Discussion paper

The drone debate: sudden bullet or slow boomerang?

International relations Defence North America New Zealand

Introduction: Growth in the manufacture, military use, and transfer of unmanned aerial vehicles (UAVs or drones) and their associated systems proceeds apace. UAVs were initially employed on an intermittent basis for search and reconnaissance purposes, but it took the New York attacks of September 11 2001 to galvanise their production, proliferation and weaponisation. Since then the expansion of this technology has been remarkable. But so, too, has its accompanying controversy, both aspects explored in this paper which tests a claim that the drone phenomenon has become a lightning rod illuminating a range of hard legal, ethical and policy differences.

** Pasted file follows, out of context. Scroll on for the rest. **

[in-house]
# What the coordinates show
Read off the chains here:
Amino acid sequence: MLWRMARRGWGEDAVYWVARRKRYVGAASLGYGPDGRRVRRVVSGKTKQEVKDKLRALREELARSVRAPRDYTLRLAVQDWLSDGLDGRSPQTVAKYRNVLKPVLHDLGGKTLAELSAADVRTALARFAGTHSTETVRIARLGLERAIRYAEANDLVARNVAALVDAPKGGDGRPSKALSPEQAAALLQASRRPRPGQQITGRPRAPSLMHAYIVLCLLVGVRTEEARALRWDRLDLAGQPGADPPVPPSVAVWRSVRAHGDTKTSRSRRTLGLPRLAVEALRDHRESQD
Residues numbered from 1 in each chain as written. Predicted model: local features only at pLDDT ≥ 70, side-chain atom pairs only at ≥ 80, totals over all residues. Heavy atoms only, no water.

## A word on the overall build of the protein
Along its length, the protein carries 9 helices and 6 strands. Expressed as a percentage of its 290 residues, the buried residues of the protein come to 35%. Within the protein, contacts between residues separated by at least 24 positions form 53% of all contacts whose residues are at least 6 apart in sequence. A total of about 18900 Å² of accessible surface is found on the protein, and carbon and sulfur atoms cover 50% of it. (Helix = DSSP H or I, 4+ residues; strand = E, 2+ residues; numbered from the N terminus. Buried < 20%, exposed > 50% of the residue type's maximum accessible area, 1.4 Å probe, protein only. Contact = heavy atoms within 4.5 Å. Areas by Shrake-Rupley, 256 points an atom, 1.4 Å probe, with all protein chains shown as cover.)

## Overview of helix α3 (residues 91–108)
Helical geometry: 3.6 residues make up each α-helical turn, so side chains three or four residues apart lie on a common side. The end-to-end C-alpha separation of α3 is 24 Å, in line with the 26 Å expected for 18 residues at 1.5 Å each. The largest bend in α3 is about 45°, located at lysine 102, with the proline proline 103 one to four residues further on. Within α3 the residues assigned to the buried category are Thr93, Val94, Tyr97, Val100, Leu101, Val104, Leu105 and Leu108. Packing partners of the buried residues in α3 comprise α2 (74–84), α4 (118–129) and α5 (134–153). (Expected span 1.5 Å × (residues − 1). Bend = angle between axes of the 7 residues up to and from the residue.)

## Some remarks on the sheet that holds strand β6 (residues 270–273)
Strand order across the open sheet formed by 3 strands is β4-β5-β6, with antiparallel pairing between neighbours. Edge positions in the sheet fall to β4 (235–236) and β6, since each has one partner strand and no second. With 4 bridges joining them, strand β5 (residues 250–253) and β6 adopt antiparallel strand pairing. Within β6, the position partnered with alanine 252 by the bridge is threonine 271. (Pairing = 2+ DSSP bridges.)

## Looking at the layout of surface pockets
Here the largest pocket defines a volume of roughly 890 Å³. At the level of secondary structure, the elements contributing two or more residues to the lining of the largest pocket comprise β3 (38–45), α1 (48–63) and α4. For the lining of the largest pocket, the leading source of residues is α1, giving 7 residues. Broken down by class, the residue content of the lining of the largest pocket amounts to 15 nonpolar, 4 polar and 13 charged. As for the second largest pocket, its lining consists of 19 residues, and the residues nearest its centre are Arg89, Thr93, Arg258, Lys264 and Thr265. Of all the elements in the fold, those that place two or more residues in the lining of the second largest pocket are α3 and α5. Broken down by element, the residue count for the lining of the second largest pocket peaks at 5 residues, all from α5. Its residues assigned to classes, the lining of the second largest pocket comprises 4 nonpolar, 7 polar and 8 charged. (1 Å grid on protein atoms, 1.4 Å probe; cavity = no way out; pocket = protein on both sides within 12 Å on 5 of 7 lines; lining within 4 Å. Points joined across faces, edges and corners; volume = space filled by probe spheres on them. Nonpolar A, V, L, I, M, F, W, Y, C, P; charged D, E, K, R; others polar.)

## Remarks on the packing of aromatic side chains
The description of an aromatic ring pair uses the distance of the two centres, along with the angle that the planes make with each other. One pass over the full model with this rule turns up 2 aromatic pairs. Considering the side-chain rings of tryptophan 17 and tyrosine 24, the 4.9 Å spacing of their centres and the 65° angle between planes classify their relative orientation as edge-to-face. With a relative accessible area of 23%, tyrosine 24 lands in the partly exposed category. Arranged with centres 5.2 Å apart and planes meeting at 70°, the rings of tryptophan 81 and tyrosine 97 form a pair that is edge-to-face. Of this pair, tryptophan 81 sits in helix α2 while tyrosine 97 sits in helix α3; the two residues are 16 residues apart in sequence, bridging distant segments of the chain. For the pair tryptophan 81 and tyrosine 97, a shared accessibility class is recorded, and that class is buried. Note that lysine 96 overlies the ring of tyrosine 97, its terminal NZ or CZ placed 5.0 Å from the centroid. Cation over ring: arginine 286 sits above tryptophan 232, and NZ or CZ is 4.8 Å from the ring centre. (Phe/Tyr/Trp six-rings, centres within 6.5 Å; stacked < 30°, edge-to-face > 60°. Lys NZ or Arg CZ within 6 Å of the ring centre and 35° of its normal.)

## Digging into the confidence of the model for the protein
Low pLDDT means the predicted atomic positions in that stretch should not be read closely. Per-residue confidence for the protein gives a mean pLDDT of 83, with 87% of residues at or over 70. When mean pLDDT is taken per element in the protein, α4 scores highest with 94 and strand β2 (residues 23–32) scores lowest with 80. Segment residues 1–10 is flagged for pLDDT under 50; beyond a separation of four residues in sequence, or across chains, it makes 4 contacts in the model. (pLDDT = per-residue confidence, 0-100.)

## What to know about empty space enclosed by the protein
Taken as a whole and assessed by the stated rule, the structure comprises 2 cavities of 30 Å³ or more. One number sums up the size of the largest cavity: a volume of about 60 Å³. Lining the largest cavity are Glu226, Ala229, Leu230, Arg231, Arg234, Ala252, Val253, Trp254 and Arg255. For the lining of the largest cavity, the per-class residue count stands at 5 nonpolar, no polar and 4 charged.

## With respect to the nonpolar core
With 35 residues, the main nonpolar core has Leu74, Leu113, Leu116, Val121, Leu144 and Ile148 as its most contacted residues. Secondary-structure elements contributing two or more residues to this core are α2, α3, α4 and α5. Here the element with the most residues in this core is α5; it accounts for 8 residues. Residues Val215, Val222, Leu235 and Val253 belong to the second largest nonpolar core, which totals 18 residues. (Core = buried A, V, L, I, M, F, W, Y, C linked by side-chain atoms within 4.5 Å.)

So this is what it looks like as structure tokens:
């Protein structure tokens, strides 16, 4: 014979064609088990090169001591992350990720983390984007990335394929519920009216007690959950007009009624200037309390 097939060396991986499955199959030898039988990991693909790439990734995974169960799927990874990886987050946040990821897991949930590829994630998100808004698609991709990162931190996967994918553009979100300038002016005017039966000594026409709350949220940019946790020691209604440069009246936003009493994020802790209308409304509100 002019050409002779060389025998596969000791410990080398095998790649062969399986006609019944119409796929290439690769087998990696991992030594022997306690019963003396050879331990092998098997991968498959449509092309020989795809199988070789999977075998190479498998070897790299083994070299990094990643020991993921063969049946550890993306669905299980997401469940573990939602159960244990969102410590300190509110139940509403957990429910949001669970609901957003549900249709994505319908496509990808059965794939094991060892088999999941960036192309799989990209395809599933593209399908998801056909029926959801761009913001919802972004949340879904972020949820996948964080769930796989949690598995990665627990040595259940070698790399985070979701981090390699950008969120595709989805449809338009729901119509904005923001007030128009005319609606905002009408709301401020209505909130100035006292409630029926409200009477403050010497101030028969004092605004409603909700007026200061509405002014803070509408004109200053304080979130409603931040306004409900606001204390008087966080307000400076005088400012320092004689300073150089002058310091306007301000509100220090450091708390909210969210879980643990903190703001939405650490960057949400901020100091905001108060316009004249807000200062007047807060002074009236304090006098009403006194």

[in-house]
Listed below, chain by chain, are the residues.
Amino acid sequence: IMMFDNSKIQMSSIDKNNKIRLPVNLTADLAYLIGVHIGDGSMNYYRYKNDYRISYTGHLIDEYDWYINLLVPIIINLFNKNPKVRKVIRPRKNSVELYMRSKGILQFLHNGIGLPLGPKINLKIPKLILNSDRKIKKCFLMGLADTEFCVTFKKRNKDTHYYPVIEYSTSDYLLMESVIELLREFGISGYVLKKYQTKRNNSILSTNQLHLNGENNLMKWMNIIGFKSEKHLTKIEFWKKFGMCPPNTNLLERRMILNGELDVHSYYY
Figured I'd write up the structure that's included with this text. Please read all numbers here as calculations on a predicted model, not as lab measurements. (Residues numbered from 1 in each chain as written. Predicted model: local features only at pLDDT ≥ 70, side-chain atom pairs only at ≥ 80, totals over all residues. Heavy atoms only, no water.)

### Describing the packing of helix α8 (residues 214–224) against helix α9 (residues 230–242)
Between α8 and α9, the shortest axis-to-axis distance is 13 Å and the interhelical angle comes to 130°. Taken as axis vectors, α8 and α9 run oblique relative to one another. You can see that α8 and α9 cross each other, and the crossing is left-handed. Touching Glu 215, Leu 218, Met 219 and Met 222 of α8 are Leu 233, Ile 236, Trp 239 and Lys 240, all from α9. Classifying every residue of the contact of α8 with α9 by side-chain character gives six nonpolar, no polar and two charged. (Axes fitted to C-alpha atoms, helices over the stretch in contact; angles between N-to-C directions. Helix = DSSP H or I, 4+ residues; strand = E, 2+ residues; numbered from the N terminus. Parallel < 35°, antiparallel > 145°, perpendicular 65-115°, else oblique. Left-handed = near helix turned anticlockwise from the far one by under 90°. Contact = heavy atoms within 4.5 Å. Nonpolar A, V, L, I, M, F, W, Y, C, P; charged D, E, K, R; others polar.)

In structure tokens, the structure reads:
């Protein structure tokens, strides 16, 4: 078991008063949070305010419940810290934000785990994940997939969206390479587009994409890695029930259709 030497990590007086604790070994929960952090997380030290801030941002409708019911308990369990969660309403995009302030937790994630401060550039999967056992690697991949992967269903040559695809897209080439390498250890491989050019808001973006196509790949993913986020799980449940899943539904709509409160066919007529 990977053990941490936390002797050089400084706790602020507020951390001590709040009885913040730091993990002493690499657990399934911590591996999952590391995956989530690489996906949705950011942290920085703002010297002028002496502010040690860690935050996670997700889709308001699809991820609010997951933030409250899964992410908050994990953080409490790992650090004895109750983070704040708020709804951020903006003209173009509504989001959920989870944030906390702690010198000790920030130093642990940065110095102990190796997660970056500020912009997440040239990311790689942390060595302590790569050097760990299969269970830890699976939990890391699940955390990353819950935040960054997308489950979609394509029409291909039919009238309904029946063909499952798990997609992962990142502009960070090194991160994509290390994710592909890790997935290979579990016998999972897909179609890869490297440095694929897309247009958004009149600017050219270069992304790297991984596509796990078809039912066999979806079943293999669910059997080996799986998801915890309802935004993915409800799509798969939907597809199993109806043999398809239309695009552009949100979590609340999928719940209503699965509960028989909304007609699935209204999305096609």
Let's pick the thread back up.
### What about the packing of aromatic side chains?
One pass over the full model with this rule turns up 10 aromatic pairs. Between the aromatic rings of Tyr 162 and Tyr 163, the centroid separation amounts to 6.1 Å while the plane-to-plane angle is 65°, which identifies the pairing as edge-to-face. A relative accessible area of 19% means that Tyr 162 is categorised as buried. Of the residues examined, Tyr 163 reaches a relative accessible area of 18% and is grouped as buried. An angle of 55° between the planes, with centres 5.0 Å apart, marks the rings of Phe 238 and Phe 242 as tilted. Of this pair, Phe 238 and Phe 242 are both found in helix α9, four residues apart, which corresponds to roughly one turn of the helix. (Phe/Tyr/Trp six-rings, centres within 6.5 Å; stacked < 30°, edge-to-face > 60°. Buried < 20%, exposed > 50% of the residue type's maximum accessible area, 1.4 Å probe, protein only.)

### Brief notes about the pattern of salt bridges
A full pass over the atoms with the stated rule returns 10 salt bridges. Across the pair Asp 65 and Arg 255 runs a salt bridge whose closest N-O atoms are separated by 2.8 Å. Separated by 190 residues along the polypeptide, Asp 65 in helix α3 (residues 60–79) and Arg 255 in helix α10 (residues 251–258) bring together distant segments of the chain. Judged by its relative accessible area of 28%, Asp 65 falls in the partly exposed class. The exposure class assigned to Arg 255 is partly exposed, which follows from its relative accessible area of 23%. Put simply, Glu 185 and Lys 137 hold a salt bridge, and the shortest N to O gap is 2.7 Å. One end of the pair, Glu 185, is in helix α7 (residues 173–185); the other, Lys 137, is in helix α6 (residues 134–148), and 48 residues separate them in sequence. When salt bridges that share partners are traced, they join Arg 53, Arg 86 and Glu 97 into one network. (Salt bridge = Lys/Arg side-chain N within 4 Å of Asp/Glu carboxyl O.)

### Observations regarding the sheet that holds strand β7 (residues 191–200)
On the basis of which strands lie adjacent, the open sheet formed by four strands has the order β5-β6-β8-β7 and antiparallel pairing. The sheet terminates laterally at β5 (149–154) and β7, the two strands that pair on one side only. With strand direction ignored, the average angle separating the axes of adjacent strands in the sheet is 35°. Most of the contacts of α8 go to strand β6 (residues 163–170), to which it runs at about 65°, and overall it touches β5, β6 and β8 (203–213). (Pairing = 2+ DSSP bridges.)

Although expansive, the current UAV discourse amongst concerned interests has revealed some conspicuous gaps. Absent are appraisals to adequately link key legal, foreign policy, security, and domestic political considerations emerging from drone proliferation. A composite perspective on the drone question is needed and that is the objective of this paper. After further introduction, topic headings include utility which will embrace relevant security and foreign policy concerns; legality; accountability; ethical considerations; scope for possible controls; and summary conclusions.

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